Friday, September 10, 2010

Liberty (Mis)guiding the People?


As Riposte Laïque examines the reasons for the poor turnout on September 4, and Bivouac-Id asks the French people "Where were you?", Christine Tasin, founder of Résistance Républicaine, an off-shoot of Riposte Laïque, has been hit with death threats and fatwas for her initiative in organizing the Apéro and her condemnation of Islam.


Eleven videos of the Paris Apéro have been posted at YouTube by Christine Tasin, and while I hate to sound like a puritanical nit-picker, I really felt that she should have dressed like a mature Frenchwoman and not like a girl of the streets. Actually she was (almost) dressed like "Marianne", the female figure with exposed breasts in the famous painting Liberty Guiding the People by Delacroix. The reason why her outfit displeased me is not that I am puritanical (though you may argue with that), but because I wanted the rally to be pro-Western and pro-France, not a statement on feminism. Feminism is a left-wing movement whose primary purpose is to remove restrictions on female behavior, leading to the decay of the family and irresponsible acts, such as illegitimate children, abortions on demand, sexual promiscuity, unjust quota systems, unjust parity laws, and aggressive competitiveness with men. Riposte Laïque, for example, applauded former Justice Minister Rachida Dati for daring to have an illegitimate child while in public office.

(I am not saying Dati should have been condemned. I'm saying she should not have been applauded or encouraged. But then, Dati should never have been Minister of Justice...)

This rally was to be an effort to draw attention to the dangers of Islam, instead it drew attention to Christine's ample bosom. I am sorry to criticize her in view of the dangers that now hover over her, but Riposte Laïque has to grow up, and realize that what they call "extreme Right" is nothing more than traditional values and the Christian moral code that allowed the growth of French civilization in the first place.

Though they have distanced themselves from the "extreme Left", they remain committed leftists who want to revive the Left as it was before it became so extreme! This will get them nowhere. They even have two spellings for the word Left - today's decadent dhimmi Left is "La Gôche", while the real Left that they want to revive is "La Gauche". They are going to have to overcome the phobia of being "right-wingers" and accept the fact that the words "Right" and "Left" have no meaning. You are either for France, her culture, her past, her survival, her heritage, her ethnic peoples, her language or you are not. I think some of them are aware of this.

It is important to realize that the Front National and the Bloc Identitaire were both notably absent from the Apéros. The FN has never participated, while the BI seems to have undergone a change of heart. Present at the June 18 Apéro, they sat this one out.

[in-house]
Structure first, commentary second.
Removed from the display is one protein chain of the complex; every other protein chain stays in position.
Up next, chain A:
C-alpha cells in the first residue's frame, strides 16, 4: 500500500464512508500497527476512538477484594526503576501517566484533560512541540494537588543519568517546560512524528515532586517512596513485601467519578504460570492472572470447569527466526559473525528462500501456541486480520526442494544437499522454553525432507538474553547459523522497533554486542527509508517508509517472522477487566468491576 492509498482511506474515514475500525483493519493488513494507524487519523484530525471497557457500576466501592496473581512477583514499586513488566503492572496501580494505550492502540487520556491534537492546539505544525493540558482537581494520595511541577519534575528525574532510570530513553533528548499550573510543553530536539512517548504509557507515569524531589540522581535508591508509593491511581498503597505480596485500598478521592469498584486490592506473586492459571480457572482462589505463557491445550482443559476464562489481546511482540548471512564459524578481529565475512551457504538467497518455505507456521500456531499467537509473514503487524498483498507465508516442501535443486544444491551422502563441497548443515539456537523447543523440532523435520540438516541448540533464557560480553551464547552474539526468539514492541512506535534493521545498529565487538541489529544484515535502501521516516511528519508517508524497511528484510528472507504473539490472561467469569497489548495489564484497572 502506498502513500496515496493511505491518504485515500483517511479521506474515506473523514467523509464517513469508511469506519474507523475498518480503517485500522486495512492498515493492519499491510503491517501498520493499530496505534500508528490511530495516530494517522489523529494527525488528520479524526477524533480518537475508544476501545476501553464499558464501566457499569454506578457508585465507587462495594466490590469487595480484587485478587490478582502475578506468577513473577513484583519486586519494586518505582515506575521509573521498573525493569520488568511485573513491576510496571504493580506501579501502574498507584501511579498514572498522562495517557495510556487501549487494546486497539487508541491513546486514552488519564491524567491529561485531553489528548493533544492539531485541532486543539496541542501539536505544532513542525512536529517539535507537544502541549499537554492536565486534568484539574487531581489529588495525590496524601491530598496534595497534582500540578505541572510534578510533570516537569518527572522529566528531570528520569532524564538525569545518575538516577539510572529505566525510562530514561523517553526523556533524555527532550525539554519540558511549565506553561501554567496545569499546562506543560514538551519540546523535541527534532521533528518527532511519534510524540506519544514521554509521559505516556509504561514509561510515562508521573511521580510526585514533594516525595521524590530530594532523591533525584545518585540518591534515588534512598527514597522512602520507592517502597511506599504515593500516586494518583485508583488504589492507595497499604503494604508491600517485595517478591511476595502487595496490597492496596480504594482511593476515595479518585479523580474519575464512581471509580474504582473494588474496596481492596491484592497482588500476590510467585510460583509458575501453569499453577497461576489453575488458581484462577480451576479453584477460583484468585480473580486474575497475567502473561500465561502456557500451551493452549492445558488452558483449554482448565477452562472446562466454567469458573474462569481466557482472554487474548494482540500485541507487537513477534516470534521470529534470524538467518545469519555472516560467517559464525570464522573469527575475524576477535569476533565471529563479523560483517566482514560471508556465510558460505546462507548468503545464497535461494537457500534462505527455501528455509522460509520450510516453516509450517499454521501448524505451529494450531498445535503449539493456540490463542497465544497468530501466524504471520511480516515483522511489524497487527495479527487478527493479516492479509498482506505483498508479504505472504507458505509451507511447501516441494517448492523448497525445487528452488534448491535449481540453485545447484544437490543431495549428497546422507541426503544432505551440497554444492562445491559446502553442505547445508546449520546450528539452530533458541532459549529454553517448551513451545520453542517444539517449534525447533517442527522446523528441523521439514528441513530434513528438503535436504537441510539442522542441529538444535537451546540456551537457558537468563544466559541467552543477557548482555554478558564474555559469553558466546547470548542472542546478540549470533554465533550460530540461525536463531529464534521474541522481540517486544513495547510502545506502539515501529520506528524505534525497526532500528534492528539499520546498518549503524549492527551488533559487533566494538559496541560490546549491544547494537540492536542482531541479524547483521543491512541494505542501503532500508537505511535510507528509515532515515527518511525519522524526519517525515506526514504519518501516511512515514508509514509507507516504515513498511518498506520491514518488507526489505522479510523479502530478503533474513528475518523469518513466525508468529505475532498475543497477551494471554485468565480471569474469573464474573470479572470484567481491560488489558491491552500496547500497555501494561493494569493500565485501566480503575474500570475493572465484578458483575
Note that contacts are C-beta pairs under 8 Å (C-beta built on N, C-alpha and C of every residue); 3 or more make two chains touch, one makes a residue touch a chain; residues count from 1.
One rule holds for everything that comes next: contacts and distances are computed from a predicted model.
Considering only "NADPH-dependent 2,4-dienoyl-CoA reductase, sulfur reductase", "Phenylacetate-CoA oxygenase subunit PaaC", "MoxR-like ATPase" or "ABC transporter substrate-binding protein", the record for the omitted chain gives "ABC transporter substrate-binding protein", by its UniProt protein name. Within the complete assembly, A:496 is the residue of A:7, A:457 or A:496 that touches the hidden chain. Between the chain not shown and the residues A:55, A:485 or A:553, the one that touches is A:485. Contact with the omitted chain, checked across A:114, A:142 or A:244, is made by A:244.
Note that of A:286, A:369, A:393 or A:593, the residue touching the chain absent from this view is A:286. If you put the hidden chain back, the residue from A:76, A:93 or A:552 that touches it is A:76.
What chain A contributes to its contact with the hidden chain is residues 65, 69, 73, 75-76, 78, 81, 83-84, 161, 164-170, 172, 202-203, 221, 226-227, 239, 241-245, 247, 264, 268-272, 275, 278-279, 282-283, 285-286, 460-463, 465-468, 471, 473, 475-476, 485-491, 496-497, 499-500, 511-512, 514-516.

Without the support of patriotic groups such as these, Riposte Laïque may find itself painted into a corner, with only its own limited following.

Below is one of the videos of the gathering when they sang the Marseillaise. They are hardly any better at this than we are when we try to sing the Star Spangled Banner. Off-key, wrong lyrics, etc... At least there was a recording in the background to help them along. Does anybody learn national anthems anymore?



Here are some remarks from Catholic writer Yves Daoudal relevant to the above discussion:

(...) These gatherings were organized by leftist secularists ("laïcards") of Résistance Républicaine and Riposte Laïque. Their tract said:

"Let us commemorate in conviviality the 140th anniversary of the Third Republic, that passed the 1905 law separating Church and State!"

In other words, the Masonic and anti-clerical Republic of Jules Ferry, the Republic that waged war to the death against the Church. That is why on the home page of Riposte Laïque you can see Benedict XVI raising a glass of beer instead of a chalice.

This time the Identitarians (i.e. the Bloc Identitaire) did not join in the action. The anti-Islam "laïcards" quite simply proved that they were only a handful. As Jean Glavany, national secretary on laïcité for the Socialist Party has said: "To be a good 'laïque' today you have to encourage the building of mosques in France."

What a joke! The sacrosanct law separating Church and State is the instrument by which France will become Islamic! What would Voltaire say?

Daoudal then quotes a reader's comment posted at Bivouac-Id:

"The wounding remark made by Christine Tasin: "We are not of the extreme-Right", erases any remorse one may feel over not having participated. What this newly awakened leftist did not understand is that we can only succeed TOGETHER. Moreover, she is just getting started, while the Front National has been warning us for 30 years. During that time, she must have been voting for one of the camps who let in the most immigrants, which is no minor paradox. I'm beginning to see why François Desouche did not support these demonstrations."

And so, we are back at square one.

Below, Bivouac-Id asks "Where were you?"

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8 Comments:

At September 10, 2010 2:17 AM, Blogger Durotrigan said...